A new Partially Examined Life interview with Judith Butler, Maxine Elliot Professor of Comparative Literature at UC Berkeley, discusses the ethics and psychology of nonviolence. This follows a three-part treatment on the podcast of her earlier work.
Butler has been a tremendously influential (and controversial) figure in ongoing intellectual debates about gender and sexuality. Her 1990 book Gender Trouble argues that gender is a “performance,” i.e. a habitual group of behaviors that reflect and reinforce social gender norms. Practices such as dressing in drag satirize this performance, showing how even in “normal” situations, “acting feminine” is not a reflection of one’s inner essence but is a matter of putting on a display of culturally expected mannerisms. The drag performer (on Butler’s analysis) may convey an absurdity that deconstructs the expected accord of biological sex, sexual preference, and gender identity: “I’m dressing like a woman but am really a man; also, in my everyday life, I dress like a man but am really (in the way I actually feel about myself) am a woman.” Most controversially, as a post-structuralist, Butler argues that it’s not the case that there is an uncontroversial biological fact of sex that then culture connects gender behaviors to. Instead, all of our understanding of the so-called biological fact comes through the cultural lens of gender; we literally can’t understand any such raw, biological fact apart from its cultural associations. In other words, it’s not just gender that’s a social construction, but biological sex itself.
This position has been attacked both from the position of naive, common-sense scientism (of course biological differences resulting in babies isn’t just a matter of what concepts a particular society has happened to develop) and as a moral hazard and existential threat: In 2017 while at a conference in Brazil, far-right Christian groups protested her presence and even burned her in effigy.
It should also be noted that Butler’s take on gender departs from current, intuitive explanations of the phenomena of transgenderism, i.e. that one might feel their “true gender” to be different from what society has assigned them. For Butler, there is no inner gender essence that may or may not be displayed authentically. Instead, the “inner” is a cultural construction, itself built out of our external performances and the dynamics of our psychic life, which she discusses within the psychoanalytic tradition.
This use of psychoanalysis to explain our cultural life persists in newly released book, The Force of Nonviolence: An Ethico-Political Bind. Though the theory of nonviolent political protest may seem a far-flung topic from gender studies, both involve the process of defining an identity. In the case of gender, one defines oneself as a particular gender or as being of a particular sexual orientation (as opposed to leaving these attributes ambiguous and fluid) by grasping onto a strict social division between the available sexual options and declaring that one of them is “not me.” In Butler’s discussion of nonviolence, she instead focuses on what counts as “self” in the usually excused exception to nonviolence, self-defense. She’s criticizing a position where most of us claim to be nonviolent (and claim that our government is nonviolent) because we are not the aggressors: We will fight only when we are attacked or threatened.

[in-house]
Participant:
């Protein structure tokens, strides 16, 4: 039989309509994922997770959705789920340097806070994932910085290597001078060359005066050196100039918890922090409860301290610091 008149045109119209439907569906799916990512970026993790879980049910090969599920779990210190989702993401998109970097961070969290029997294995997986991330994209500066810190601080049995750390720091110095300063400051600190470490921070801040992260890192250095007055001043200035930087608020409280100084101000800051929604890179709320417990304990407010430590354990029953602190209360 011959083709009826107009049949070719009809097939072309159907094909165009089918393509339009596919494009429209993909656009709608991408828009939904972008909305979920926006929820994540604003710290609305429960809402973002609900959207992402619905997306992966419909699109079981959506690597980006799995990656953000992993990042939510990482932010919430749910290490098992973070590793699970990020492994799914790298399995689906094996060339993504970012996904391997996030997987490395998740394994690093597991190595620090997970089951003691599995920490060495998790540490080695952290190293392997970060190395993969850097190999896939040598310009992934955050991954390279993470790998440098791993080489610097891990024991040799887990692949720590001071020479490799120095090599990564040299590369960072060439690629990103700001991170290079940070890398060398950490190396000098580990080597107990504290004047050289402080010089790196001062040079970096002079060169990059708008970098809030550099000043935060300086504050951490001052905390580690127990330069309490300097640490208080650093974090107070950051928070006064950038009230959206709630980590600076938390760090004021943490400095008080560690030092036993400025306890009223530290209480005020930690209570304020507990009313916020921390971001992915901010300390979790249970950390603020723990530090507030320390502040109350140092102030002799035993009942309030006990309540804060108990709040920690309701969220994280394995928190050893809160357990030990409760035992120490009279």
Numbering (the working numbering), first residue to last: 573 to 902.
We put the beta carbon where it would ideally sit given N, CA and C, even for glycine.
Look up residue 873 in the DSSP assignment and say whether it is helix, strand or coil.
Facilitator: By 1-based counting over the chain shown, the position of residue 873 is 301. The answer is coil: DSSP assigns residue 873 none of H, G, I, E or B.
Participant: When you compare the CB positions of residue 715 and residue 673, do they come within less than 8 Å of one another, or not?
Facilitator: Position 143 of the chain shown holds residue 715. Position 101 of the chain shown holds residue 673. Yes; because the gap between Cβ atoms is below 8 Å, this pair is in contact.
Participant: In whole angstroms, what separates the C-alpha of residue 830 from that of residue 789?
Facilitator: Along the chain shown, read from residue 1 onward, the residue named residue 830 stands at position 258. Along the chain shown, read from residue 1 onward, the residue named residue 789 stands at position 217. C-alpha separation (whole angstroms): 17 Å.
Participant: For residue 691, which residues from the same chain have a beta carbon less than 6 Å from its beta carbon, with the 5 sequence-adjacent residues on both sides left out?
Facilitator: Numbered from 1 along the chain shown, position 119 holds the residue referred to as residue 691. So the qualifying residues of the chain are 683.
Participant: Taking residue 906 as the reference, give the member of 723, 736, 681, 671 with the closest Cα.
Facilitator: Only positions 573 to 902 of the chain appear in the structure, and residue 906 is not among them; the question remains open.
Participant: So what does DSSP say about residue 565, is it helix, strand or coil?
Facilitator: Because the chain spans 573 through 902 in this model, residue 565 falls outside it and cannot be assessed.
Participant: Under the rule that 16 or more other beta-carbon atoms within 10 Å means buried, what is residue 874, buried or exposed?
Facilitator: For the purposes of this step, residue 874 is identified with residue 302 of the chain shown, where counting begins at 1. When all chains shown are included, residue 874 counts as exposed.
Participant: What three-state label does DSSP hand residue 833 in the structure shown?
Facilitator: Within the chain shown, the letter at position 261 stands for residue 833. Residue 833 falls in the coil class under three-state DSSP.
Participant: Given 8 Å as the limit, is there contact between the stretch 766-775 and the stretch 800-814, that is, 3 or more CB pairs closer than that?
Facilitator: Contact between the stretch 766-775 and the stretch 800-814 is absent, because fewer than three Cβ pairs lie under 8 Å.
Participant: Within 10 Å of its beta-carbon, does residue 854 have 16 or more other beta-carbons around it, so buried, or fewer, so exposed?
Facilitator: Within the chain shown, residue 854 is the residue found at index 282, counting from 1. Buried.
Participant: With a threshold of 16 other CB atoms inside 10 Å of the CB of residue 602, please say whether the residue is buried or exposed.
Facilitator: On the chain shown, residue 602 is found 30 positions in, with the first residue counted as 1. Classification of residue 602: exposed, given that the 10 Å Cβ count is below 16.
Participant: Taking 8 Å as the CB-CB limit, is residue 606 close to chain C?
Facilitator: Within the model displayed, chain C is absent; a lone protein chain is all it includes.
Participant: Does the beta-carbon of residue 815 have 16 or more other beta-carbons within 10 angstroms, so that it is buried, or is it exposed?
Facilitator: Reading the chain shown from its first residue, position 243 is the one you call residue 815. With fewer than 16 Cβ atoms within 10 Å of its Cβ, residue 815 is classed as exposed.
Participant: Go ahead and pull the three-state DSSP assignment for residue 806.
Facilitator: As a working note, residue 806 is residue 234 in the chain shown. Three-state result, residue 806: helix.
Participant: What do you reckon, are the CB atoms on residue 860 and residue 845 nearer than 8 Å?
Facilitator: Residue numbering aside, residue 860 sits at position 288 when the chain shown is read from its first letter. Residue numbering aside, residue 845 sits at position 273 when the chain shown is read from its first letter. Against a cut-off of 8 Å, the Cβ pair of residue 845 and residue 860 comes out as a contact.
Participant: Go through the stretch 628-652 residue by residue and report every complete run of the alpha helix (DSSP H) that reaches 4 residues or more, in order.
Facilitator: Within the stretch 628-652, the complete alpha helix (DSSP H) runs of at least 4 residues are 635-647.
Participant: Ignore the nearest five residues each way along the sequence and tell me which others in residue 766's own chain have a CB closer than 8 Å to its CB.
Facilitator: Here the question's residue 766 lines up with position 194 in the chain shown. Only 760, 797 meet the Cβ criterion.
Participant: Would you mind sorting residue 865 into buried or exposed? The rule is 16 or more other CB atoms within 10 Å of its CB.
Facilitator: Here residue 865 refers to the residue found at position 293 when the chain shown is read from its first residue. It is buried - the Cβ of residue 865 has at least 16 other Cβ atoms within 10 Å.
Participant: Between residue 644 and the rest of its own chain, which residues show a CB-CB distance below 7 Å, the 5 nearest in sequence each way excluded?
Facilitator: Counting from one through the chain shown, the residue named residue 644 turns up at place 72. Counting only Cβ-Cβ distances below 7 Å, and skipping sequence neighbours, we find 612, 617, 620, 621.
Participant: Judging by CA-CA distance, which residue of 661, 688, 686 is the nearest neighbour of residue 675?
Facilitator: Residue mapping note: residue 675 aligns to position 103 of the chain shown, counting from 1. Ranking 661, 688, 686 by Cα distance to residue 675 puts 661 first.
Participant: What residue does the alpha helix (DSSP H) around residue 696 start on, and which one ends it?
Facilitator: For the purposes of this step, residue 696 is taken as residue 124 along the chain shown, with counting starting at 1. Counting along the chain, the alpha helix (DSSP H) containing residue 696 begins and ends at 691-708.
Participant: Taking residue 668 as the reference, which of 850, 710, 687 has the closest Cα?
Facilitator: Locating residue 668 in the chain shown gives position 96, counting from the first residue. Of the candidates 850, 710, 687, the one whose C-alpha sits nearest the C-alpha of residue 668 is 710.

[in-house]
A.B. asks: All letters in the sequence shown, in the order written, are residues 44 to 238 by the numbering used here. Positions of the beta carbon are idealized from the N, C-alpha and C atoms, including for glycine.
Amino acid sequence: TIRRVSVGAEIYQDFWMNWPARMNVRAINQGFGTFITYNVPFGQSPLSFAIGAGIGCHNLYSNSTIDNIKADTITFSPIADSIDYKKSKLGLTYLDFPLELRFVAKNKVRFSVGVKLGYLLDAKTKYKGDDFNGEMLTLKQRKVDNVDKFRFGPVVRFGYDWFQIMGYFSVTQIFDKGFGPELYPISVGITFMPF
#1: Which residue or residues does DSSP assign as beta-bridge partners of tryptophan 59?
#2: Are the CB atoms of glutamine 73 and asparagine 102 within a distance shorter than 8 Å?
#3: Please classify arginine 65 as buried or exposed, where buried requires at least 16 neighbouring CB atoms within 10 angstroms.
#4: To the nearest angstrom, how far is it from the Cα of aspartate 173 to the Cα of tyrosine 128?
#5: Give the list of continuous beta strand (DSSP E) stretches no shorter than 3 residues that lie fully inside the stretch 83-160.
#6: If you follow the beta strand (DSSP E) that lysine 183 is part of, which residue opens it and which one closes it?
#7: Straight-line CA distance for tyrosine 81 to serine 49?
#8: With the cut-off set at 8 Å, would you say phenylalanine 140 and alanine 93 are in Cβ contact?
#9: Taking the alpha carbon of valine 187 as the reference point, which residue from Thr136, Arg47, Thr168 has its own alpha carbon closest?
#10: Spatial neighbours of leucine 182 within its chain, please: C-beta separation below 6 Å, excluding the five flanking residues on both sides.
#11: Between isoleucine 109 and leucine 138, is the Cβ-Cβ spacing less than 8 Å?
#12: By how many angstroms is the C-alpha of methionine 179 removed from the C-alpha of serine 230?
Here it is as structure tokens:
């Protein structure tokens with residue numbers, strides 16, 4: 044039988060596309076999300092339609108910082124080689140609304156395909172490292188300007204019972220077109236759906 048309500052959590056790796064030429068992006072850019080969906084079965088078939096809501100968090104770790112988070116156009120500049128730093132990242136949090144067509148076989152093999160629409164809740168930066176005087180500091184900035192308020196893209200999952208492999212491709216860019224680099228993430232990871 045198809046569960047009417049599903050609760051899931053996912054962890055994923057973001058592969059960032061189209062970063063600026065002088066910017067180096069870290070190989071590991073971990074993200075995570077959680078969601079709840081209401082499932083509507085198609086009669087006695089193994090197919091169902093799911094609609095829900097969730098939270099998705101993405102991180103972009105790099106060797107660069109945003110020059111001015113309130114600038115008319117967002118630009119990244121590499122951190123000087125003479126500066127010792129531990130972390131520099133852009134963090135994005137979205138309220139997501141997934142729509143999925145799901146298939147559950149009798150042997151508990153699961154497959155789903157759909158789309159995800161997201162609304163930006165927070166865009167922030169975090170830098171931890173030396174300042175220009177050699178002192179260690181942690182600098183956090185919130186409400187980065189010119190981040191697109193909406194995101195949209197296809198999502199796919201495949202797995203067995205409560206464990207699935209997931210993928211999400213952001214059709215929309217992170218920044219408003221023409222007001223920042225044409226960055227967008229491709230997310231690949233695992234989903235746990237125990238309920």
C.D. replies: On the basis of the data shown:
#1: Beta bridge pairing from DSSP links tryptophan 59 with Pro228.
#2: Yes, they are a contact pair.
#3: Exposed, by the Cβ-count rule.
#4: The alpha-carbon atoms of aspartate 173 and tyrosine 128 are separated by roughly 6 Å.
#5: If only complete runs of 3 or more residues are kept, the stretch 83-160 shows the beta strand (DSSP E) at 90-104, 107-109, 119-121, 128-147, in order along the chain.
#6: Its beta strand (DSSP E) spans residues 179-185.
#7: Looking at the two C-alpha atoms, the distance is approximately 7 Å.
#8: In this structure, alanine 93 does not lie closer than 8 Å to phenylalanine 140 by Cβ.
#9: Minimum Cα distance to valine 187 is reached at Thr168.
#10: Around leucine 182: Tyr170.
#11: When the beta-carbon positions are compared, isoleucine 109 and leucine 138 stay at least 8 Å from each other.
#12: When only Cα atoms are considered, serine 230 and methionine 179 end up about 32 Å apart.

It’s not that Butler is categorically against using violence to defend oneself, one’s loved ones, one’s country, or anyone else who is in danger of being seriously harmed. She is, however, arguing for an ethic of nonviolence that clearly understands our interrelatedness with everyone else in the world, even and especially those that we might think outside our circle of concern. It’s too easy for us to define “self” as “people like us,” which then leaves out the rest of the populace (and the non-human population, and the environment more generally) from inclusion in our “self-defense” calculations of when violence might be justified. Butler analyzes the fear of immigrants, for instance, as a “phantasmatic transmutation” that projects the potential for violence that always exists within our immediate social relations (and even our own rage against ourselves) onto an invading Other. As in the case of gender, she wants us instead to understand the dynamics of these self-and-other attributions, to behave more rationally and humanely, and to channel our unavoidable rage constructively into forceful non-violence, or what Gandhi calls Satyagraha, “polite insistence on the truth.” The goal of this type of political action is conversion, not coercion, and it’s communication and respecting even a hated other as a grievable equal that provides a real contrast to violence. She wants us to recognize the potential for violence within each relationship, at each moment, and to choose otherwise.
The Partially Examined Life Philosophy Podcast began a discussion of the general concept of social construction back with in Ocotober with episode 227, following this up with applications of this concept to race (discussing Kwame Anthony Appiah and Charles Mills with in episode 228 with guest Coleman Hughes), to the development of science (considering Bruno Latour on episode 230 with guest Professor Lynda Olman), and to gender (considering Simone de Beauvoir’s The Second Sex for episode 232 with Professor Jennifer Hansen. Professor Hansen then continued with hosts Mark Linsenmayer, Wes Alwan, Seth Paskin, and Dylan Casey to discuss Butler’s Gender Trouble. For further explanation of The Force of Nonviolence, see episode 236 at partiallyexaminedlife.com.
Mark Linsenmayer is the host of the Partially Examined Life, Pretty Much Pop, and Nakedly Examined Music podcasts. He is a writer and musician working out of Madison, Wisconsin. Read more Open Culture posts about The Partially Examined Life.
Image by Solomon Grundy.